Integrated Behavioral-Physical Care Management in the Primary Care Setting
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Background: Care management programs for high-cost patients with complex medical and social needs are seen as an opportunity to improve quality of care, promote health, and reduce costs. However, mixed evidence of intervention effectiveness and a lack of supportive analytics tools limit the ability of programs to properly target patients with services that significantly impact health service use. The primary aim of this study is to evaluate a unified primary care and behavioral health intervention targeting high utilizer Medicaid enrollees by examining the program’s effect on subsequent health service utilization patterns. The secondary aim is to develop tools that improve the identification of patients for enrollment in high utilizer care management programs. Methods: This study employs a case-control study design that compares program participants to a carefully matched control group. Patients engaged in primary care were identified via high numbers of emergency department visits and referrals from physicians and the state Medicaid agency. Thirty-five Medicaid beneficiaries were enrolled between August 2013 and February 2014 and included in the final analysis. Priority was given to patients with comorbid mental health or substance abuse disorders, but a number of patients with significant chronic medical illness were also enrolled. Baseline rates of emergency department visits, hospital admissions, and primary care visits were calculated for the one-year pre-enrollment. Post-intervention rates were calculated as twice the number of encounters during a 6-month follow up period. Results: Enrollment of high utilizer Medicaid beneficiaries in integrated behavioral-physical care management did not result in a greater reduction of emergency department visits or hospital admissions compared to patients receiving standard primary care. Patients enrolled in the program showed an average decrease of 3.46 ED visits per year and an average increase of 0.17 hospital admissions per year. Similar high utilizer patients receiving standard primary care showed an average decrease of 4.43 ED visits per year and average decrease of 0.20 hospital admissions per year. However, program participants were significantly more engaged in primary care over the follow up period compared to the control group. Patients enrolled in the program had almost no change in primary care visit rate (increase of 0.14 visits per year), whereas control patients had an average decrease of 9.71 visits per year. Conclusion: This case-control study reveals the tough road ahead for programs attempting to show a return on investment—changes in outpatient healthcare use were not accompanied by a drop in more costly hospital healthcare use. A data application was developed to improve patient selection, which we hope reduces patient heterogeneity moving forward. More must be done to rigorously evaluate high utilizer care management programs on a larger study population.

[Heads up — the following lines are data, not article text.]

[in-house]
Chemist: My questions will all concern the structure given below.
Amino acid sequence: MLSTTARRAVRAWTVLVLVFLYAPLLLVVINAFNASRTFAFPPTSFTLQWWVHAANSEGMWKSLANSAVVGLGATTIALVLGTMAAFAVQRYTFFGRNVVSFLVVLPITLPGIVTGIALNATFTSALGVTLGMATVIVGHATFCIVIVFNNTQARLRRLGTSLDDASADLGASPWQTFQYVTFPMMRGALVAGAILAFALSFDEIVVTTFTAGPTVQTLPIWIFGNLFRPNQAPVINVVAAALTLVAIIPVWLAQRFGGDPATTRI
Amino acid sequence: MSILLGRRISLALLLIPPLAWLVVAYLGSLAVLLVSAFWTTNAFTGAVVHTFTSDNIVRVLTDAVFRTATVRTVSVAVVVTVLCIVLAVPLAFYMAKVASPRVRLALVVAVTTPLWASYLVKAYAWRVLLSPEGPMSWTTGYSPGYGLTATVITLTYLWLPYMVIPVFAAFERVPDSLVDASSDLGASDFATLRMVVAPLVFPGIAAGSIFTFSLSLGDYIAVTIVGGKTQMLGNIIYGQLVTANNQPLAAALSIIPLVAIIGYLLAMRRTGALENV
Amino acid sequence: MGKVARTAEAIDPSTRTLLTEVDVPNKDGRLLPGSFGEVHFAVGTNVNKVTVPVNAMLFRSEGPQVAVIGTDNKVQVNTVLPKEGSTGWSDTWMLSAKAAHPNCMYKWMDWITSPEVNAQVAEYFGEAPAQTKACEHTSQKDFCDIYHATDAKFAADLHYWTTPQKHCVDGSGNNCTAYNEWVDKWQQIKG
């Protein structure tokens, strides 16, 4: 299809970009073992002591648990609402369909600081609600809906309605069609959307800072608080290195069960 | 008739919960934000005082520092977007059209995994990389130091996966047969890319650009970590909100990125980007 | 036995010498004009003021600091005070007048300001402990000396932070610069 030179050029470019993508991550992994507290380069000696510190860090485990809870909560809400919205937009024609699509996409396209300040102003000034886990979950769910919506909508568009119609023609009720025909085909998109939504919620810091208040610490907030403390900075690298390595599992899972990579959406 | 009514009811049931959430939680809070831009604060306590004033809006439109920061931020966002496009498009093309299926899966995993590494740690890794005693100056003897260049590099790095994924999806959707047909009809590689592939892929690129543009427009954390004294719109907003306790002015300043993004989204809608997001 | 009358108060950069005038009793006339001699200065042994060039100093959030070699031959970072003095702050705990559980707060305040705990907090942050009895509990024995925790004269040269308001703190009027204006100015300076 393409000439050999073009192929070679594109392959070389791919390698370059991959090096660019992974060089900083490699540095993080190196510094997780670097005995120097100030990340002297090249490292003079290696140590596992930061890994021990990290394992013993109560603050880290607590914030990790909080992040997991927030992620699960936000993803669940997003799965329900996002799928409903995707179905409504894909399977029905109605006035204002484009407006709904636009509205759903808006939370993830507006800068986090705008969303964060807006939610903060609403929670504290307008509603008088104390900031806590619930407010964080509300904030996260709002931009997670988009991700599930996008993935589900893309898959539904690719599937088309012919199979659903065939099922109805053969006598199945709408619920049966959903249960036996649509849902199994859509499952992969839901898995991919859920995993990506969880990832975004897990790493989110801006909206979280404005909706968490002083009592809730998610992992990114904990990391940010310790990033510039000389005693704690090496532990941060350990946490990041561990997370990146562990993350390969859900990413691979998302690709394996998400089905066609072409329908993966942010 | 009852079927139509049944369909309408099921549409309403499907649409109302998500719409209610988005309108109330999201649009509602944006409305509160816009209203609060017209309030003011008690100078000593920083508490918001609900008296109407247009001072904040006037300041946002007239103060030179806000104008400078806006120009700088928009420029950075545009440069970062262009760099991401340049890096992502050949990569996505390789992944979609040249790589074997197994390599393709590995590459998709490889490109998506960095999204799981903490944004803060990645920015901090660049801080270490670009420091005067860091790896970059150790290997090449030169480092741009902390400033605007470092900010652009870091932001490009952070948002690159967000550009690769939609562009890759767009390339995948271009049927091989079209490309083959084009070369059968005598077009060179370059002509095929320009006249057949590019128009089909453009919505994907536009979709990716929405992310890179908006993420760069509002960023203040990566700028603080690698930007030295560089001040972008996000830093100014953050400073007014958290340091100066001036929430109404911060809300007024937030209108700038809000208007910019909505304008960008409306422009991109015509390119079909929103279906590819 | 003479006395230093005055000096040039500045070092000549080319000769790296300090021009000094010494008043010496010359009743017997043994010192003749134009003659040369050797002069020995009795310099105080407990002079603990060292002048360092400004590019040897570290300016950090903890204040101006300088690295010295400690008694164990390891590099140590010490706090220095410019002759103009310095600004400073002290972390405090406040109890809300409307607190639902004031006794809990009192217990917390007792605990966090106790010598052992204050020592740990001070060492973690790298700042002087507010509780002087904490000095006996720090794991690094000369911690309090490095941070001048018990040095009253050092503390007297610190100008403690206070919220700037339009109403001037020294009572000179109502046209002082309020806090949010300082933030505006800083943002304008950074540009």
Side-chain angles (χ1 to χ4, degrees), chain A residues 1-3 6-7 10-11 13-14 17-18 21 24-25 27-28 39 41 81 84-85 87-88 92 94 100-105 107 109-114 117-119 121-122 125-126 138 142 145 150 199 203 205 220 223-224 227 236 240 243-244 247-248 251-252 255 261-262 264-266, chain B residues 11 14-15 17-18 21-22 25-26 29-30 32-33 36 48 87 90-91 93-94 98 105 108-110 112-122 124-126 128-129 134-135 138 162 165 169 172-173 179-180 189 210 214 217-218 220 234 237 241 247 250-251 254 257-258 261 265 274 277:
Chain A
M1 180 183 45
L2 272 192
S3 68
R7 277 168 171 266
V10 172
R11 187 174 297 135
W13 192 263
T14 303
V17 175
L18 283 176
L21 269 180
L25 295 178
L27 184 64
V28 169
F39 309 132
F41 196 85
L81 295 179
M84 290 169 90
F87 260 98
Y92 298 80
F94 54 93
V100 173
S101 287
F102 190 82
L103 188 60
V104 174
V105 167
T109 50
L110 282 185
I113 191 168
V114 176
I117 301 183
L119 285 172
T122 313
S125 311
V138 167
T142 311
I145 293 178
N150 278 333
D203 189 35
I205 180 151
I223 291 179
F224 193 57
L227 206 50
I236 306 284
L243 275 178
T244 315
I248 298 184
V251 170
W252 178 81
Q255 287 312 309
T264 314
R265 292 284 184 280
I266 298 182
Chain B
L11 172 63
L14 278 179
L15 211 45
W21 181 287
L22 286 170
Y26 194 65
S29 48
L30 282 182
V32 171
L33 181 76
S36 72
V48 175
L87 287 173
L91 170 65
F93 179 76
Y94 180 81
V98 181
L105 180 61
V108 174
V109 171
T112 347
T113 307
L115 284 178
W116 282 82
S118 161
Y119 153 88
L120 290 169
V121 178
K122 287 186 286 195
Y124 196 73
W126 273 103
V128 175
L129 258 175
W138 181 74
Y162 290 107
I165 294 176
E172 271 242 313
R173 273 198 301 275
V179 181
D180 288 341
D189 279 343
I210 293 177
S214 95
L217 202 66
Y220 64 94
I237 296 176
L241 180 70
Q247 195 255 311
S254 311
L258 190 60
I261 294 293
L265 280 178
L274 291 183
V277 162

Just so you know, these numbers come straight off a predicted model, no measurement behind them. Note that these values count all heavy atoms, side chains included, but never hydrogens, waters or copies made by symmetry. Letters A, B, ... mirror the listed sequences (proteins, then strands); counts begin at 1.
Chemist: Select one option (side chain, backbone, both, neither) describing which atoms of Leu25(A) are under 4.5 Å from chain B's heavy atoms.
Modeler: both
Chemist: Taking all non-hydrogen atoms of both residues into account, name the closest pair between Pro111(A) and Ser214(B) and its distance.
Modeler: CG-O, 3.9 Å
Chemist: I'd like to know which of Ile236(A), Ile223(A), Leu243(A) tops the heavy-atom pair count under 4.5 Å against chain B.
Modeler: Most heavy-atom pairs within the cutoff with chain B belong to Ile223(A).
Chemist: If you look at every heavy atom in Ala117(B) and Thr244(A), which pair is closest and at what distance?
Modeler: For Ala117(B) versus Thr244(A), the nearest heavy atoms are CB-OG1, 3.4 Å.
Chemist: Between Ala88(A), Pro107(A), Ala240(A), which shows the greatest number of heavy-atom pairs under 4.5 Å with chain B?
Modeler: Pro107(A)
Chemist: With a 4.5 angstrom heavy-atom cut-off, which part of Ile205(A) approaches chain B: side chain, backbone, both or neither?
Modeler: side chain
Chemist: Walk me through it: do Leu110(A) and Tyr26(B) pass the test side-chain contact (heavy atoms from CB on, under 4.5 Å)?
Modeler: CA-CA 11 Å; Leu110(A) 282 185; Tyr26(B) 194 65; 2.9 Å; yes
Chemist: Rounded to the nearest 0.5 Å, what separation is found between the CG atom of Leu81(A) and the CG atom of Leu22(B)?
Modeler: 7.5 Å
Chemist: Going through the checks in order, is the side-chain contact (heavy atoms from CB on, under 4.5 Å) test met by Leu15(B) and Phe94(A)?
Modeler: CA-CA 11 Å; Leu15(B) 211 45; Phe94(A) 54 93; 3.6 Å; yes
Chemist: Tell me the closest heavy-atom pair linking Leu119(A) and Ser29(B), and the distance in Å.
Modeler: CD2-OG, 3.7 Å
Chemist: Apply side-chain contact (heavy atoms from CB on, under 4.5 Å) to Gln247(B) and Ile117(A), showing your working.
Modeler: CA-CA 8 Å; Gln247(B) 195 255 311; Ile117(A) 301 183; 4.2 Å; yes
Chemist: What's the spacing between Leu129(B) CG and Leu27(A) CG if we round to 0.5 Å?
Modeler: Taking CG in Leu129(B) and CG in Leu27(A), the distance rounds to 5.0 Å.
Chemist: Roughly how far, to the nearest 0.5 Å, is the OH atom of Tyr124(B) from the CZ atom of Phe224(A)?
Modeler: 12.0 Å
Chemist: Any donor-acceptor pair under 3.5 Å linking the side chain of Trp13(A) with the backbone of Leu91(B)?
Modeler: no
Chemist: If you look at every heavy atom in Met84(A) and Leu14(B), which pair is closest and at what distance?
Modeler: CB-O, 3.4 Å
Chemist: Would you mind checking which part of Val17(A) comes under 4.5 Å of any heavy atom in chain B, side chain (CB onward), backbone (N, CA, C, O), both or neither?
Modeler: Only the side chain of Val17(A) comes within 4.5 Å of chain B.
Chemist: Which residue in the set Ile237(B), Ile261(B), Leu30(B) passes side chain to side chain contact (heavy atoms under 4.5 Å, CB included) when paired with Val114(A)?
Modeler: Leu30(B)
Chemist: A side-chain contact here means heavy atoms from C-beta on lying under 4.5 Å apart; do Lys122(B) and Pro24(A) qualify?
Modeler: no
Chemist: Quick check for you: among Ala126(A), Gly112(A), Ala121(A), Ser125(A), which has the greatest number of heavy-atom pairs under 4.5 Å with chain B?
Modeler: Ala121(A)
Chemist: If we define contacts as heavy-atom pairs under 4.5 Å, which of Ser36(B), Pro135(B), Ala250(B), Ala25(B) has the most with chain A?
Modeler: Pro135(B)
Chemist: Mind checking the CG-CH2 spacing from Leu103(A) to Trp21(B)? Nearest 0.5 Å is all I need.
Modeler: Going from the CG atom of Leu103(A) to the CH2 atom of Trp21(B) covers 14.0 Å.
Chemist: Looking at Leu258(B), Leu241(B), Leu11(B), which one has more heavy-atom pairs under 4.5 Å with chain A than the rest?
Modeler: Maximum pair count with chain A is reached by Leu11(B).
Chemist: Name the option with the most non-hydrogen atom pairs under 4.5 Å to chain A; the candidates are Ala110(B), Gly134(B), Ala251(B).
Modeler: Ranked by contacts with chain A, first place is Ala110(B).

DepartmentThe Sanford School of Public Policy
CitationDakkak, Mark (2015). Integrated Behavioral-Physical Care Management in the Primary Care Setting. Master's project, Duke University. Retrieved from http://hdl.handle.net/10161/9716.
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Rights for Collection: Sanford School Master of Public Policy (MPP) Program Master’s Projects